Sue C. Boynton awards are a celebration of poetry
May 18, 2023 at 5:05 a.m.
Bellingham poet Robert Lashley recently said, “There is a human need to see a bit of ourselves in our reality in charged and precise speech that creates something other than a statement.”
And, he said, a public event centered on poetry fills that need by highlighting different people reading quality work. On Wednesday, May 24, the annual Sue C. Boynton Poetry Contest awards ceremony will take place at the Bellingham Cruise Terminal for just that purpose.
The contest, founded in 2006, is a part of the Whatcom Poetry Series, a nonprofit organization. It is named after Sue Crocker Boynton, an early resident of Whatcom County who came to Bellingham as a bride in 1906. Although she did not consider herself more than an amateur poet, she poured her emotions and thoughts into verse and inspired others to write.
Boynton’s last public reading was in July 1976 at age 95 when she read a message from President Gerald Ford, along with one of her poems for the bicentennial program at Bellingham’s Old City Hall. She died in 1981. The story of her life is told in “The Sue Boynton Story” by Dorothy Koert, published in 1982 by the Whatcom County Historical Society.
The contest is open to all residents of Whatcom County for submissions every year throughout the month of March. Submissions are judged by two respected Washington poets, and 20 poems are selected as winners. For 2023’s contest, the judges were Caitlin Scarano and Leslie Wharton.
This year there were 235 poems entered into the contest. All poets, winning and otherwise, are invited to the free public awards ceremony, when the winning poets read their poems and the public gets to see placards with artwork by local artists illustrating each poem.
Some time after the awards ceremony, the Walk Award poems are posted for a year on the Sue C. Boynton Poetry Walk in front of the downtown Bellingham Public Library, 210 Central Ave. The poetry placards are placed in WTA buses throughout the county, and the poems are featured at other venues, such as local libraries.
Judy Kleinberg, who was a contest committee member from 2009–12, including as committee chair for part of that time, and was also a Walk Award winner in 2008, is the founder and continuing near-daily blogger for The Boynton Blog, now known as The Poetry Department. The winning poems will be posted on The Poetry Department’s website.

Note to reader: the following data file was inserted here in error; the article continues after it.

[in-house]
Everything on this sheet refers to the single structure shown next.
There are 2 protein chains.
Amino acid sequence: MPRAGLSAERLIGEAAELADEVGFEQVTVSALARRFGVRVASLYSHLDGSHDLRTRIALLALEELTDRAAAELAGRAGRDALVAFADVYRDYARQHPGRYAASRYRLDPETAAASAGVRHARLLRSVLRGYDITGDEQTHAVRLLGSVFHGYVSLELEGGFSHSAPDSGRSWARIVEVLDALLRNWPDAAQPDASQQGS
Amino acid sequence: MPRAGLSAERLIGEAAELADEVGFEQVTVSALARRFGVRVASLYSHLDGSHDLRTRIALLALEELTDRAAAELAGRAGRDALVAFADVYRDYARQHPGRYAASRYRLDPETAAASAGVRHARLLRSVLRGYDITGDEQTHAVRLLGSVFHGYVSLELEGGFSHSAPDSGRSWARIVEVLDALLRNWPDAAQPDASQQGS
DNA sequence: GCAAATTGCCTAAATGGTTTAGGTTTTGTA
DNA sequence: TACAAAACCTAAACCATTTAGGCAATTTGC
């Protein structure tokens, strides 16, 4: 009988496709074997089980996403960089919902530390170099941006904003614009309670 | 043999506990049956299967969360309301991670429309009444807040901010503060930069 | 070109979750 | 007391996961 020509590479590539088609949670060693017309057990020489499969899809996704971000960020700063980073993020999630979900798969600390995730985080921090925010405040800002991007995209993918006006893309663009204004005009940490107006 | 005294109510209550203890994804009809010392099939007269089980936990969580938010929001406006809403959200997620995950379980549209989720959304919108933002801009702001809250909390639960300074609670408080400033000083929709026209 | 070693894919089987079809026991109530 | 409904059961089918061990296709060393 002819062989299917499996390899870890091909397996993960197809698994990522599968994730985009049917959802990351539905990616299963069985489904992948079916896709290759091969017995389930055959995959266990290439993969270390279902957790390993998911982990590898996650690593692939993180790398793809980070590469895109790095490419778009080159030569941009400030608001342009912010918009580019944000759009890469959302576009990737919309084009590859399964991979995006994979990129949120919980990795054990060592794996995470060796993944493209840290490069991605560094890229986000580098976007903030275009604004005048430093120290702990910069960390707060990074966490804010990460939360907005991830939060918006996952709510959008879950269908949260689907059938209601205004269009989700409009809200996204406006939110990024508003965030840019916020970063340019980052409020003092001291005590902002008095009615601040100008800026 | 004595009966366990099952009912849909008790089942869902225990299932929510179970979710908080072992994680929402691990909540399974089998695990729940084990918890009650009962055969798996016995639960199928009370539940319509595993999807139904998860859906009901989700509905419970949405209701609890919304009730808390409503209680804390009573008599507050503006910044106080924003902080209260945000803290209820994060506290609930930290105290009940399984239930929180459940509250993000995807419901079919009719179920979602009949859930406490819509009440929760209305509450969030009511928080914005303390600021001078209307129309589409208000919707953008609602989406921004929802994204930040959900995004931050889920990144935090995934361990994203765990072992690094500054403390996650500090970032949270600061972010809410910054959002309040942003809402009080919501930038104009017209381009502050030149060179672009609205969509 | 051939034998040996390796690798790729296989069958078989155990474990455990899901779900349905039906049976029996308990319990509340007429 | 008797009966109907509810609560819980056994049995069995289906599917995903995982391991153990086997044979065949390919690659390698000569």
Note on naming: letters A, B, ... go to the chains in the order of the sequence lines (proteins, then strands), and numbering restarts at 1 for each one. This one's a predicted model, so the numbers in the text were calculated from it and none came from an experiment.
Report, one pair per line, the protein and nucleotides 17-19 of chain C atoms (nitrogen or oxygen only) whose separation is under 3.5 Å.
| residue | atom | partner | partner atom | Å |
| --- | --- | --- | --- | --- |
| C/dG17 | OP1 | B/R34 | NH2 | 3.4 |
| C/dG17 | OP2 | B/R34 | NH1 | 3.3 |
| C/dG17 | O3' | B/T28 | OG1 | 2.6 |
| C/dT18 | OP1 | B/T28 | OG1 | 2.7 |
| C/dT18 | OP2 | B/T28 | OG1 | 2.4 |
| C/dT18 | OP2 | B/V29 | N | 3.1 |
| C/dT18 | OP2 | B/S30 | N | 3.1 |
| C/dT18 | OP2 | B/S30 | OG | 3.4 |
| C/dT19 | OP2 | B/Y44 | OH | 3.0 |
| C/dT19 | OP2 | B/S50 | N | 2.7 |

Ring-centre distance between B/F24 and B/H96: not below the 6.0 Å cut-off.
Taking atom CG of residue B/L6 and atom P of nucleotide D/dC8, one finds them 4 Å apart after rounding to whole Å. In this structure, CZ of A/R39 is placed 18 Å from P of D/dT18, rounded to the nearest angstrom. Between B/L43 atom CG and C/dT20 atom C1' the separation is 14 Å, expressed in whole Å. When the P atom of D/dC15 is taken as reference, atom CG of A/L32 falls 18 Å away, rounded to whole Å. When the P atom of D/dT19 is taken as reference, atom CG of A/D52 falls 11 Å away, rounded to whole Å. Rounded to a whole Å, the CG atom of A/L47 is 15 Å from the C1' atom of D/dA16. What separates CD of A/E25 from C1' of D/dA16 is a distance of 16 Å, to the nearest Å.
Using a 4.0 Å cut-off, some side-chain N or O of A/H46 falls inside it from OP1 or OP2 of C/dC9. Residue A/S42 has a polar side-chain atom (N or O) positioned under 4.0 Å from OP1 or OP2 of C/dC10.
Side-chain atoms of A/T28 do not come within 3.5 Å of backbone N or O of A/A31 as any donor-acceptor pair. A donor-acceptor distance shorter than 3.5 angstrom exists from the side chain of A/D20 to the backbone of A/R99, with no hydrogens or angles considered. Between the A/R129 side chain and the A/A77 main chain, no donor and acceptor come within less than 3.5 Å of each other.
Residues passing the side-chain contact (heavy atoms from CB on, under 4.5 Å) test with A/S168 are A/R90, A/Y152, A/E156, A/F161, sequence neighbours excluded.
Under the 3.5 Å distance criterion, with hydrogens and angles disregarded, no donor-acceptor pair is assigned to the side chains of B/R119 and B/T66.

Lashley, who was a judge for the contest in 2021, said a good “winning” poem makes him “feel something complex, and is written with eloquence and brevity.”
Kleinberg said the contest embodies the expansive character of Whatcom County.
“It embraces people of all ages and all levels of writing experience, including none previous,” she said. “It honors the voice of the individual, without any of the expectations that might be attached to academic journals and other publications.”
Scarano said she believes poetry is a meaningful act, whether it’s an individual or collective one. She said it allows people to better engage without their inner worlds and connect with others who may relate to their experiences.
For this contest, Scarano said she was interested in poems that “took risks, experimented and were strange or surprising … I was particularly drawn to poems that were complex and interested in ambiguity. I also looked for diversity in types of poetry, topics and voices.”
Flannery White, a contest winner in 2022 who’s now on the contest committee, said that currently, people are a little more isolated, between working from home, not going out as much and being on social media.
“Public events like this generally offer us a chance to get out and connect with people, but poetry public events in particular offer a chance at deeper connections, because poetry is intrinsically about the deeper parts of human experience,” she said.
Matt Stuckey, who’s also on the committee, agreed, noting that “sharing and listening to each other as we express ourselves through art can help to strengthen the bonds of our community.”
Each year, the contest committee encourages teachers to involve their students in the contest. Kleinberg said some amazing Whatcom County teachers prioritize the contest and make poetry lovers (and contest winners) out of their students year after year. This year, 19 schools responded with poems.
Committee member Sarah King was the contact for the schools this year, and she emailed every school in Whatcom County, including secretaries, librarians and English teachers.
“It's so powerful to have kids' voices be heard and encourage this outlet and creativity,” King said.
Wharton believes that “poetry is a means for a child, youth, to express themselves. No rules, no judgment, an outlet for swirling thoughts. If taught well, writing is a skill that can help a person during difficult times in life. It’s always there, like a friend that listens.”
White said Bellingham’s poetry community is thriving, pointing to Village Books’ prominent displays of poetry — where the store often places poetry in front of the books of fiction. She also drew attention to the various poetry readings and open mics around town, including at Village Books, Honey Moon Mead & Cider, and Make.Shift Art Space.
Stuckey summed it up well: “Poetry, like music and song, gives us an opportunity to share our hearts and voices. Sharing and listening to each other as we express ourselves through art can help to strengthen the bonds of our community.”
The Sue C. Boynton Poetry Contest Awards Ceremony takes place at 7 p.m. Wednesday, May 24, at Bellingham Cruise Terminal, 355 Harris Ave. Admission is free. Doors open at 6:45 p.m. Light refreshments will be served. Info: thepoetrydepartment.wordpress.com.